By Chris Kieffer/NEMS Daily Journal
TUPELO – The students in Kit Stafford’s art class at Thomas Street Elementary dipped paintbrushes into trays with globs of paint – reds, blues, whites and yellows.
They huddled around a steel sculpture of a guitar and painted balloons, popcorn and cotton candy.
In some ways, it was just another day in Stafford’s art class, students working earnestly to create a project. The difference is that this project will be on display for years in downtown Tupelo.
The 6-foot-tall guitar that the students painted last week is one of 14 that will be placed around Tupelo next month to celebrate what would have been Elvis’ 75th birthday.
The goal is for the guitars to be a lasting Tupelo landmark, the way statues of cows, swans and carousel horses have been in other cities.
“We need city sculpture, and I think this would be a fun way to get the kids involved,” said Stafford, who came up with the idea for the project.
The Tupelo Public School District has worked with the Downtown Tupelo Main Street Association, which secured a grant to fund the project.
Each school in the district painted one of the guitars, which are modeled after the first guitar Elvis bought at Tupelo Hardware. The guitars also sit a on base that resembles the Tupelo TVA sign at Crosstown. They were designed and built by Nettleton-based Digital Impressions.
“It has been wonderful to see how excited the students are about it,” Stafford said. “As soon as it arrived, they were excited to put paint on the guitar.
“It is exciting for them to see that they can have this effect on the community. Usually their art is displayed around school or at home, but to have their artwork displayed downtown in their own town is really a big deal. It is a huge self-esteem boost for them.”
The painted guitars will be unveiled Jan. 7. The Downtown Tupelo Main Street Association will determine their location.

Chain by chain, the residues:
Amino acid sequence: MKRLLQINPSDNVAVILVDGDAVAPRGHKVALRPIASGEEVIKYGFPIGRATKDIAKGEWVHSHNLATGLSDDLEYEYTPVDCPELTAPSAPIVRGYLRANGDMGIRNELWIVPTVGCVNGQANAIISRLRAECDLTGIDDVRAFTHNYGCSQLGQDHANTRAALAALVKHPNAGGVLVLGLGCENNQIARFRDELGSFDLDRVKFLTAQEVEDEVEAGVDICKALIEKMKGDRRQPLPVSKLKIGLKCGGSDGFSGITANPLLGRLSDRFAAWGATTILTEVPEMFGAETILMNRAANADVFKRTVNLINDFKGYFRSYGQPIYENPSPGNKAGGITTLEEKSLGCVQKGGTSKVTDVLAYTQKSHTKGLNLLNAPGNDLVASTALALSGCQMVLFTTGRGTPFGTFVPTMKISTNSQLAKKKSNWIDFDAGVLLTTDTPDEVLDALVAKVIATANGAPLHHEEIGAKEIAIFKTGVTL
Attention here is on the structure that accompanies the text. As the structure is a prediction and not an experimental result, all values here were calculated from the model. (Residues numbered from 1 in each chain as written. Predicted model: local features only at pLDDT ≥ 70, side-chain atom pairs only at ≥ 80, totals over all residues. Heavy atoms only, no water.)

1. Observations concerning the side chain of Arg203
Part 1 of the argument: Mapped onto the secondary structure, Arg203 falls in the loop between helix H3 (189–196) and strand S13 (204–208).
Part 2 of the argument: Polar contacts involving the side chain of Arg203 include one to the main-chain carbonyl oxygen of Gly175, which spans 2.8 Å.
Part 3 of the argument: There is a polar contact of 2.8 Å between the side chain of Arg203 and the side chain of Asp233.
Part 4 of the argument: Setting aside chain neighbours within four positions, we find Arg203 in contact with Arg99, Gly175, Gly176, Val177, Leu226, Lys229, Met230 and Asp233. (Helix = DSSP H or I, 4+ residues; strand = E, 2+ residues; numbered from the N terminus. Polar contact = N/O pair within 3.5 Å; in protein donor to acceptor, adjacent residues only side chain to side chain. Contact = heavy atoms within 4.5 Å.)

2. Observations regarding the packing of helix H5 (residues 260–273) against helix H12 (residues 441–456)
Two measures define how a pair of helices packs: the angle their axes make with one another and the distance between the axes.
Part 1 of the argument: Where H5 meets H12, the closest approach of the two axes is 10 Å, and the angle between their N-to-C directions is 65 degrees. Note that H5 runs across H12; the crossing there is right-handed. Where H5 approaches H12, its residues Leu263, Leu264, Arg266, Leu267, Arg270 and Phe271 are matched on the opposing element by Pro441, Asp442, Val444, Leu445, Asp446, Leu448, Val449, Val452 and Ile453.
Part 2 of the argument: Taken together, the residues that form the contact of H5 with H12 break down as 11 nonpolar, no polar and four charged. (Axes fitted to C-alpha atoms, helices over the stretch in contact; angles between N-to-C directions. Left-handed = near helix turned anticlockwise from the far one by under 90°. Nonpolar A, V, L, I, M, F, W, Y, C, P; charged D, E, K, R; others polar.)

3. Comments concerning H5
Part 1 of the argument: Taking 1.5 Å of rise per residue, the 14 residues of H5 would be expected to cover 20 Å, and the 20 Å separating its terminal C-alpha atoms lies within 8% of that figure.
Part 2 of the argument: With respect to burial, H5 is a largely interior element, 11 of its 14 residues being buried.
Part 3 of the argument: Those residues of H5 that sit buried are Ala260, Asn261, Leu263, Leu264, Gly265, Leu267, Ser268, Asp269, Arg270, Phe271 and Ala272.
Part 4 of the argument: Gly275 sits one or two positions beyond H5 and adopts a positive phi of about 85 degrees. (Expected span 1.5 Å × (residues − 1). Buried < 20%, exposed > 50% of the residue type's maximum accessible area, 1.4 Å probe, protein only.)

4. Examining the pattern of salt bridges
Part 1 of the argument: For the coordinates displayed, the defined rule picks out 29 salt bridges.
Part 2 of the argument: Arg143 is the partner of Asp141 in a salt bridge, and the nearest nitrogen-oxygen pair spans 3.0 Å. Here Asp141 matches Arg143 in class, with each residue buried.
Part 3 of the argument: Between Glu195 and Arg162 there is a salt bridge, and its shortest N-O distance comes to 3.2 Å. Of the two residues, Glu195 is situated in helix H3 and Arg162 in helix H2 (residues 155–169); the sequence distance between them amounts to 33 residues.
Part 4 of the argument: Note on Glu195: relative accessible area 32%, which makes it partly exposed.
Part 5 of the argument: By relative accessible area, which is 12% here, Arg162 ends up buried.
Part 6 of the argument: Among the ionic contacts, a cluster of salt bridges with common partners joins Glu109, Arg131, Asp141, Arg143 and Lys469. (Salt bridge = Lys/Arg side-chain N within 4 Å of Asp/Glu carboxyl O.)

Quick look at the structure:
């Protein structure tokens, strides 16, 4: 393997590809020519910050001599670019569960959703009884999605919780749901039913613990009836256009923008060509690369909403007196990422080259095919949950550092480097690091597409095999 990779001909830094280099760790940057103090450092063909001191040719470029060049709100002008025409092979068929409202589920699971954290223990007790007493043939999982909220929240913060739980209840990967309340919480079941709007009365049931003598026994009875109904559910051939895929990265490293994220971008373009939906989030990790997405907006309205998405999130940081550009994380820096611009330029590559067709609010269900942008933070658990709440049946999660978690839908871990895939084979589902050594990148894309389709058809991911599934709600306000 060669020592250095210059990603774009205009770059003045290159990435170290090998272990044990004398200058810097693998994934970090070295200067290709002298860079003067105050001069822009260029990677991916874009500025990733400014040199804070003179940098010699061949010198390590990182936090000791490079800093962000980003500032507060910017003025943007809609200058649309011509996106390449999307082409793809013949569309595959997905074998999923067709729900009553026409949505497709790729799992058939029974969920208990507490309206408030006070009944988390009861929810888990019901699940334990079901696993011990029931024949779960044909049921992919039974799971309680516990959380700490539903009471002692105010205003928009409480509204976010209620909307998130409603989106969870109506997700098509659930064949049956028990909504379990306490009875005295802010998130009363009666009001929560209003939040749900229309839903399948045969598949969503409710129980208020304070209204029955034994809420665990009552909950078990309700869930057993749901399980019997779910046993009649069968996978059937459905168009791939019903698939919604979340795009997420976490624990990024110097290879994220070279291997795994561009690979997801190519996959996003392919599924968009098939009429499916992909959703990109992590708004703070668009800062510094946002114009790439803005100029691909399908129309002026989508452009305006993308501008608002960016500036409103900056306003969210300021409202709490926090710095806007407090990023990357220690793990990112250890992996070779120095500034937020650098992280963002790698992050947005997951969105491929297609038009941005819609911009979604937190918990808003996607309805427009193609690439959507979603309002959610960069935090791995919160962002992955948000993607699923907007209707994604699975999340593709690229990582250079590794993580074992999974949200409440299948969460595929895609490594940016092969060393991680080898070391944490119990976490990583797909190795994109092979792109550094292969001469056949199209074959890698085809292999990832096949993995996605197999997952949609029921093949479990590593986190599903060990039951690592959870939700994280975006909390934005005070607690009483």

“We have such a strong community spirit that embraces the arts,” Assistant Superintendent Diana Ezell said. “I just think this is another way for our students to participate in that.
“We’re trying very hard to do things where our school system supports the community, and this is a visible way for doing that.”
There is more to the project that the guitars. Physical education, art and music teachers throughout the district are working to incorporate units about Tupelo’s rich music heritage.
“I think there is value in knowing our community and those who have contributed to it,” Ezell said. “Our No. 1 goal is to train students to function as productive citizens, and this ties into that.”
Stafford’s kindergarten to second-grade classes will expand upon their guitars by reading different children’s books about rock ’n’ roll and then creating art based upon those books.
Teachers and students at each school did extensive research about Elvis to conceptualize a design for their guitars. Each school was responsible for coming up with its own design.
Themes for the guitars include Elvis’ service in the Army, the Blue Suede Cruise, Heartbreak Hotel and vintage record albums.
Thomas Street’s guitar is based on Elvis’ homecoming concert at the Tupelo Fairgrounds.
It has a sign reading “Tupelo welcomes Elvis Presley home,” a Ferris wheel, balloons, a box of popcorn, some cotton candy and even a replica of a ticket stub from the event.
The back of the guitar will have a depiction based upon a photo of Elvis singing at the fair.
“I tried to think about what would be fun for kids this age to paint,” Stafford said. “Doing a fair and a festival got their enthusiasm and offered a lot of colors we could use.”
While second-graders at the school did much of the work on the guitar, every student will leave a mark. Along the guitar’s border will be polka-dots created by all of the students at the school.
“Every child will be able to put their fingerprint on it,” Stafford said.
Contact Chris Kieffer at (662) 678-1590 or at firstname.lastname@example.org.